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Aug 24, 2001 | 04:59 GMT

8 mins read

Is the Fighter Jet Still Top Gun?


Competition in the fighter jet market is heating up as development of new aircraft such as the F-22 and Joint Strike Fighter advance. But the intense focus on manned fighters as a measure of national military prowess ignores the proliferation of offensive and defensive missile systems and the emergence of unmanned and space-based platforms. Like battleships in 1922, manned fighters are nearing obsolescence.


The Russian Aerospace Agency recently proposed partnering with China and India to produce a next-generation fighter capable of competing in the market and the sky with the latest U.S. and European aircraft.

Called the PAK FA, for Future Air Complex for Tactical Air Forces, the proposed fighter would cost about the same as the $30 million Joint Strike Fighter (JSF) and would enter the market around 2010, about the same time as the JSF and Eurofighter Typhoon. Competition in the fighter jet market is taking flight. The F-22, PAK FA, Su-34 and Eurofighter Typhoon, along with the JSF, are all due to enter service in the next decade. Existing models, such as the F-16 and MiG-29, are already saturating the lower end of the market. But the attention given the development of complex fighter aircraft ignores the proliferation of offensive and defensive missile systems and the emergence of unmanned and space-based weapons platforms. Like battleships in 1922, manned combat aircraft, despite the billions now being spent on their development, are on the cusp of obsolescence. As countries devote resources to acquiring aircraft, some already struggling to survive over the modern battlefield, they risk defeat by foes who are embracing and innovating the next generation of weapons systems. Today's fighter aircraft — with the primary mission of destroying other fighters — are parasitic weapons systems, and most now incorporate bombing capabilities to boost cost-effectiveness. Still, until air defense improved beyond anti-aircraft artillery for destroying bombers and reconnaissance aircraft — or until the bombers and reconnaissance aircraft were replaced — the fighter remained necessary. Both events have transpired.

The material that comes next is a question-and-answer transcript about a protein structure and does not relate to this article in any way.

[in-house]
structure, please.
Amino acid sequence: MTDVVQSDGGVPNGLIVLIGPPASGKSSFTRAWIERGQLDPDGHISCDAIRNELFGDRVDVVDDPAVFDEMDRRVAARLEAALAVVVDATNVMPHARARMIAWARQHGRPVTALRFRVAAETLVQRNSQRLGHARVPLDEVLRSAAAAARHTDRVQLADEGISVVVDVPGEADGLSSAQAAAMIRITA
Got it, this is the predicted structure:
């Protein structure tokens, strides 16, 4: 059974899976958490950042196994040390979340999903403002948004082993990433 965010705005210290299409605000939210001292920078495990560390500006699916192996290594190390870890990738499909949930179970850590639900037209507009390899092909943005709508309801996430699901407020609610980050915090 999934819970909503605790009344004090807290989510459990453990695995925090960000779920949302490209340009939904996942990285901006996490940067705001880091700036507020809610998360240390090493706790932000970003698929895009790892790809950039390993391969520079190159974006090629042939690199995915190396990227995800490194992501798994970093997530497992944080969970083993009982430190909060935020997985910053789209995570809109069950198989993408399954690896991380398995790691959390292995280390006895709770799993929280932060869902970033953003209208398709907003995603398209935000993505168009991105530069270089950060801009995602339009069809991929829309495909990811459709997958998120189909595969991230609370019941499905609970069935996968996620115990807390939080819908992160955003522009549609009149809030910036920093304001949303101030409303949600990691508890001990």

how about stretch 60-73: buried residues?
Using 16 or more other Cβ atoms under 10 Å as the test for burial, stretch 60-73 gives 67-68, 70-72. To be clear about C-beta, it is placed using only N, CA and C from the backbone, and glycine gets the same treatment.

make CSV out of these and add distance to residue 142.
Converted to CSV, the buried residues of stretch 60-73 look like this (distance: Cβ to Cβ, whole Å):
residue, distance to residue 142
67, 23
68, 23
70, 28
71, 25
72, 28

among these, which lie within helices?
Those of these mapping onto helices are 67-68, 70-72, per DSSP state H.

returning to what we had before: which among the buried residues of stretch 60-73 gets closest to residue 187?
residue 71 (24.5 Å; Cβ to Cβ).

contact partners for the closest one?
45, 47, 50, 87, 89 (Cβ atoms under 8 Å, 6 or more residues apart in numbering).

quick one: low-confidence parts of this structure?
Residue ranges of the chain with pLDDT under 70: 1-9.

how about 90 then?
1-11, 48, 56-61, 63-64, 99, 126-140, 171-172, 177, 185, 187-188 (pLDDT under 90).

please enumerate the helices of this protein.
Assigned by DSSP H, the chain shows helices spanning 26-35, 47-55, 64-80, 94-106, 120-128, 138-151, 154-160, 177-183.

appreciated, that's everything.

New systems rival the manned aircraft in bombing and reconnaissance roles. Meanwhile, advances in surface-to-air missile (SAM) systems have forced the development of costly and complex countermeasures and have pushed aircraft maneuverability beyond the physical capacity of pilots. Cruise missiles and theater ballistic missiles proliferate widely and already challenge the aircraft's bombardment role. When the United States launched a punitive attack on Libya in 1986, it used F-111 bombers. When Washington launched retaliatory strikes against Baghdad in 1996 and against alleged assets and allies of Osama bin Laden in 1998, it used cruise missiles. Similarly, the United States used ship- and submarine-launched BGM-109 Tomahawk cruise missiles and air-launched AGM-86C cruise missiles against Iraq during Operation Desert Storm and against Yugoslavia during Operation Allied Force, particularly for targets deemed too well-defended to risk manned aircraft. The United States is not alone in developing and deploying cruise missiles, though it is the only country since Germany and its V-1 to use them extensively in battle. Current models are expensive and relatively simple, though work is under way to improve effectiveness and reduce cost. One example is LOCAAS, the low-cost autonomous attack system under development in the United States. This system is designed to identify and prioritize a variety of targets and to configure its warhead for maximum effectiveness against the chosen target — all for less than $100,000, compared to the $600,000 to $800,000 Tomahawk. Also, some 16 countries deploy theater ballistic missiles such as the Scud and its variants. At about $350,000 to $500,000 per missile, these are cheap alternatives to strike aircraft, especially against well-defended targets. Like cruise missiles, ballistic missiles are still rather simple, and their effectiveness is likely to increase as they are modified to defeat countermeasures. But these are just the systems currently deployed. Space-based weapons platforms, hypersonic intercontinental weapons systems and unmanned combat vehicles are all on the drawing boards or exist as developmental prototypes. In the reconnaissance role, unmanned aerial vehicles (UAVs) augment already well-established satellites. Still in their infancy, UAVs were used extensively for tactical reconnaissance over Kosovo during Operation Allied Force. Man-portable UAVs are under development, promising even small units their own dedicated airborne reconnaissance capability. Although cruise missiles and UAVs do not necessarily sound the death knell for manned combat aircraft, SAMs do. SAM systems have already succeeded in dramatically reducing the cost-effectiveness of manned aircraft operations. As long ago as 1972, North Vietnamese air defenses forced the United States to send 42 support aircraft for every package of 16 strike aircraft. Of these, 22 were necessary just to counter the crude SAMs of 30 years ago. These additional aircraft included chaff dispensers and electronic jammers to confuse SAM radars, their escorts and "Wild Weasels," which seek out and destroy the radars of SAM systems. During Desert Storm, Allied commanders banned all but F-117 stealth aircraft and cruise missiles from going over downtown Baghdad due to the intensity of air-defense coverage. Improvements in Iraqi air defenses have recently led to a reduction in patrols of the no-fly zones, since the risk they pose exceeds the political value of the mission. Evolution of SAM systems has driven the evolution of countermeasures. Modern combat aircraft carry chaff and jamming pods to confuse radar and flares to confuse infrared seekers. Dedicated air-defense suppression aircraft, the Wild Weasels, also support them. The newest combat aircraft have turned to stealth technology in hopes of eluding SAMs. To date, these measures have worked, though largely due to stagnation in SAM tactics. Iraqi air defenses in 1991 were so centralized that the destruction of a few key nodes substantially reduced their effectiveness. Yugoslav air defenses survived in 1999 by operating only sporadically. With few radar emissions, there was little for the Wild Weasels to target. Although this did not drive NATO from the skies, the mere survival of the Yugoslav air-defense system forced NATO aircraft to fly at high altitudes, reducing the effectiveness of their attacks and leading to politically unfortunate accidents. Moreover, the Yugoslav forces employed an innovation that heralds trouble for the Wild Weasels. They reportedly deployed microwave ovens as decoys, drawing suppressive fire from NATO aircraft. Used in conjunction with real SAM systems and passive sensors, a subsequent deployment of decoys could seriously threaten attacking aircraft. But the final, insurmountable weakness in manned combat aircraft is the pilot's own physiology. Maneuverability is the last line of defense for combat aircraft, and even a 30-year-old design like the F-16 is capable of sustaining nine g's, or nine times the force of gravity. Beyond this level, pilots black out. But given that the Russian-built SA-10 is capable of traveling at six times the speed of sound and maneuvering at 100 g's, neither plane nor pilot can long stave off its threat. SAMs are nearly ubiquitous. At least 120 countries possess SAM systems, ranging from the simple and outdated Russian SA-7 shoulder-fired missile to the advanced SA-10, also known as the S-300, which has attracted Western buyers. At least 25 countries build SAM systems or components, and others are developing their own systems. Iran, for example, tested an indigenously developed SAM in April 1999. Simple and cheap, SAM systems are evolving faster than fighters can cope. Systems are already available that cut through the veil of "stealth" on current aircraft. The Czech-built Tamara anti-stealth radar may have seen action in Yugoslavia, and Iraq reportedly sought to acquire the system. Russia claims to have developed its own anti-stealth radar. And the range of acoustic, thermal, ultraviolet and electro-optical systems still in development do not bode well for aircraft. Manned combat aircraft are currently the measure of national power at a tactical level. They are tools of force projection, and when able to seize air superiority, aircraft can sway the battle on the ground. But they stand today at the brink of obsolescence: Missiles already vie for the bombardment role, and satellites and UAVs perform reconnaissance duties. Only transport aircraft lack a ready substitute. Finally, the tactics and technology of SAMs are on the verge of overcoming aircraft defensive countermeasures. There will certainly be a role in the future for manned combat aircraft. Not everyone can afford a satellite, and cruise missiles are not effective in a gunboat diplomacy role. Troop transports still need escorts, and there may be missions too politically sensitive for unmanned weapons. But the manned combat aircraft's role as the cornerstone of modern military strategy is ending. In 1922, the great powers focused on battleships as the measure of national power, even as the precursor of the battleships' doom, the aircraft carrier USS Langley, was christened. Though Billy Mitchell's warning that battleships were vulnerable to aerial attack was ignored, the bombing of Pearl Harbor ultimately demonstrated the ascendance of the aircraft carrier and launched a revolution in naval strategy. As countries continue to pour resources into manned combat aircraft, they risk a similar rude awakening.